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August 24, 2023updated 01 Nov 2023 12:06pm

Inebriation and its ills

Michel Bettane explores the intriguing relationship between inebriation and wine appreciation. He delves into the historical context of inebriation and its connection to the pleasure of the senses

By Michel Bettane

The artistic elite of the Western world has always looked kindly, not to say favorably, on inebriation. It used to be said that inebriation unleashed the creative juices and brought you closer to the gods, far away from a society where the individual counted for nothing. In some belief systems, drunkenness, never mind what happened to Noah, was a form of worship, the grapevine representing the dual nature of man, mortal and divine.

Inebriation: A form of addiction?

Today’s medical experts think otherwise. Inebriation, they say, is a form of addiction and any government that doesn’t criminalize drunkenness is failing in its duty to protect public health. But you don’t need to be a genius to understand that inebriation would not be a problem at all if everyone drank well-made wines from good producers.

Far from discouraging their consumption, the authorities should promote such wines as the perfect antidote to the tyranny of excess. Inebriation is anathema to your real wine lover because it stops them from feeling anything; it blunts those positive emotions that come from the realization that the beautiful and the good are inseparable.

For the Ancient Greeks, ethics and aesthetics were one and the same, forming the very basis of major accomplishments and inventions that shaped the history of Western civilization. The grapevine and the olive tree were thus inseparable in classical philosophy. They represented the source of all wisdom and without them there could be no prosperity—what a pity we have forgotten that today.

Wine inebriation in the banquets of antiquity

The taste of a good wine, precisely because it arouses emotion, brings to mind the banquets of antiquity. This is especially the case when the pleasure is shared with fellow lovers of philosophy—people who delight in meaningful exchanges of views between like-minded individuals.

Of course, not everyone agrees on what happened at banquets. For some, they were an excuse for over-indulgence: gorging on earthly and spiritual pleasures to the point of sensual and intellectual satiety. Banquets were a cornucopia of sensory delights, an opportunity for wanton revels as a protest against the constraints of rationality. Your ancient banqueter got drunk as a way of flouting conventional morality. Really? Socrates as represented by Plato would have been amused to hear it. I imagine him more an ascetic: a sipper but highly methodical in his approach. Or as someone given to ecstasy, when emotion reaches its climax and you finally see the connection between everything, between the reality of things in themselves and the language that shapes our perception of that reality.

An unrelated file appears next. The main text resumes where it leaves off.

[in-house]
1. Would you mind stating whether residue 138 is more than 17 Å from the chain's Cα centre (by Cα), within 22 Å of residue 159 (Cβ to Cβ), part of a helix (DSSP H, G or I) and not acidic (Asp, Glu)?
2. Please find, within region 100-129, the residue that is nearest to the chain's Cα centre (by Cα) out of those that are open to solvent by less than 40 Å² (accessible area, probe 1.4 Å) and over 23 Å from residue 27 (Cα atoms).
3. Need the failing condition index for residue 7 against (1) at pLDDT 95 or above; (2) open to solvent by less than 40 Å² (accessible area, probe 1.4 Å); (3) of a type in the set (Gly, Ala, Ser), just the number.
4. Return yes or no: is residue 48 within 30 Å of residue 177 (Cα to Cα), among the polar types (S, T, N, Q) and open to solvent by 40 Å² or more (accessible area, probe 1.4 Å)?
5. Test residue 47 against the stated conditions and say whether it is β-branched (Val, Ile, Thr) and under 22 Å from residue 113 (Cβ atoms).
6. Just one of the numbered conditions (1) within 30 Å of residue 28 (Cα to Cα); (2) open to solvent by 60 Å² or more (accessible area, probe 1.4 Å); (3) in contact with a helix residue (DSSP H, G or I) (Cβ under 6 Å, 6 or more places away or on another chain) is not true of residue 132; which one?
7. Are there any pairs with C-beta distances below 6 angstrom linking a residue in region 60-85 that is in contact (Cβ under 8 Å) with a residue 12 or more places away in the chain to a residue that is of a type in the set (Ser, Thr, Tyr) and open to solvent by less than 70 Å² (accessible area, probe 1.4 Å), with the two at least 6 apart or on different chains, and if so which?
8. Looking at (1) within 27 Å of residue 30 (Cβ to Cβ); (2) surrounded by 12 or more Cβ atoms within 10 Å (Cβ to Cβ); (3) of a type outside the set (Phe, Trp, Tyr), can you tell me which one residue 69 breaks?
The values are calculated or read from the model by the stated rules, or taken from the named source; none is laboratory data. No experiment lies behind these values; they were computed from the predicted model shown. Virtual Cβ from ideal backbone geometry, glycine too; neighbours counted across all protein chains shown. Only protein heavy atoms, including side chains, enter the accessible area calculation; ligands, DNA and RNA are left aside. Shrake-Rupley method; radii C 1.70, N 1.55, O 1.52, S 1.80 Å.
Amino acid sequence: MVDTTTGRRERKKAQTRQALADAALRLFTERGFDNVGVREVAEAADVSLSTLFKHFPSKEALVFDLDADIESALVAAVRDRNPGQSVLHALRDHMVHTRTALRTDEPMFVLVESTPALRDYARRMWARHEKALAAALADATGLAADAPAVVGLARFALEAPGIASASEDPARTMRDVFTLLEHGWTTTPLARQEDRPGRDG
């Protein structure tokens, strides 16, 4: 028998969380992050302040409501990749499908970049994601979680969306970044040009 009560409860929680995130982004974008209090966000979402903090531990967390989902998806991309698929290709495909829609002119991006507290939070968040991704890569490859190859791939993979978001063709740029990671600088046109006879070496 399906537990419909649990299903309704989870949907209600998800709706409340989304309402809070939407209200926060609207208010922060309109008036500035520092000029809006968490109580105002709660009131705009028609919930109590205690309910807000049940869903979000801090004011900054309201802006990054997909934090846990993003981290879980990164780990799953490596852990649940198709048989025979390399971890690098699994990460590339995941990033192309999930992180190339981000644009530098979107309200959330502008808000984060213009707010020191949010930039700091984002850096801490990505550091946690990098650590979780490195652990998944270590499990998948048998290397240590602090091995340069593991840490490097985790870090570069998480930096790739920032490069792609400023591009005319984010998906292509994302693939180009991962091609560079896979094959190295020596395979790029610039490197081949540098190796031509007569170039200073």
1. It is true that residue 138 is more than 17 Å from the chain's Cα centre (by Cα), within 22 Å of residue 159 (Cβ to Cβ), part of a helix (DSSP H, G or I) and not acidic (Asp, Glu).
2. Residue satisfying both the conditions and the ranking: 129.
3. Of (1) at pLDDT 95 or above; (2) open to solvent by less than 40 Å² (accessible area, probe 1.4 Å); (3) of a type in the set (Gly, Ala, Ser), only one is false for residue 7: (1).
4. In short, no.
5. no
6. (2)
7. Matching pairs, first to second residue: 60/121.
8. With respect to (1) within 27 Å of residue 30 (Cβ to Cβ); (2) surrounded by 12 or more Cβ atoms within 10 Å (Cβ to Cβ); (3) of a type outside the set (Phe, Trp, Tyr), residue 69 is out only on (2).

Connectedness and crossover of the sense

It is no accident that taste occupies a low position within the hierarchy of the five human senses. When man went from four legs to two, primacy obviously had to be given to sight. Homo erectus needed to see danger, not just smell it. But as shown by sensory neuroscience, all five senses are connected. Taste and smell, for instance, work together to create a much richer, more complex tasting experience. Then there is the sense of connectedness that comes from the way we perceive tastes. Despite huge genetic variations in flavor perception, tasting is an experience in sharing and learning. Before ever a sensory impression reaches conscious awareness, it is translated into analogous words or images retained in the sensory register—the memory store that holds information from the five senses. This crossover in the senses, or synaesthesia, is the only means by which taste sensations are transmitted to the brain. And it is precisely what doesn’t happen in a state of inebriation, when fine distinctions—distinctions of any kind really—get lost. Not to mention tuning into your senses.

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Anthropomorphic pleasures and the desirability of the rare

I have always felt drawn to people who resort to anthropomorphism to communicate the effect produced on them by wine. Take, for instance, Burgundy’s Grande Dame, Lalou Bize-Leroy. Today her wines and vineyards are “people”—flesh-and-blood people with unique personalities whom she describes with all the ebullience of a football fan commenting on the performance of a local footballer. But wind the clock back 20 years and her now much-revered Romanée-Saint-Vivant Grand Cru was a “hetaera” or a “mermaid”—said with a wink to husband Marcel.
Personalizing a cru, putting it on stage, so to speak, appeals to our sensibilities and gets us reaching for our wallets. It creates a ranking that has repercussions on the sale price, which in turn determines the reputation of the wine. The rarer the wine, the more expensive; the more expensive the wine, the more desirable. Such is business, and most particularly the luxury business whose trends shape the refinement of taste and our culture as a whole.

But we owe it to ourselves to resist those trends that reject any idea of rankings—whether of sensations, tastes, or prices. However seductive in their simplicity, what they reflect is shallow thinking that oversimplifies everything. The road to Hell, as we know to our cost, is paved with good intentions.

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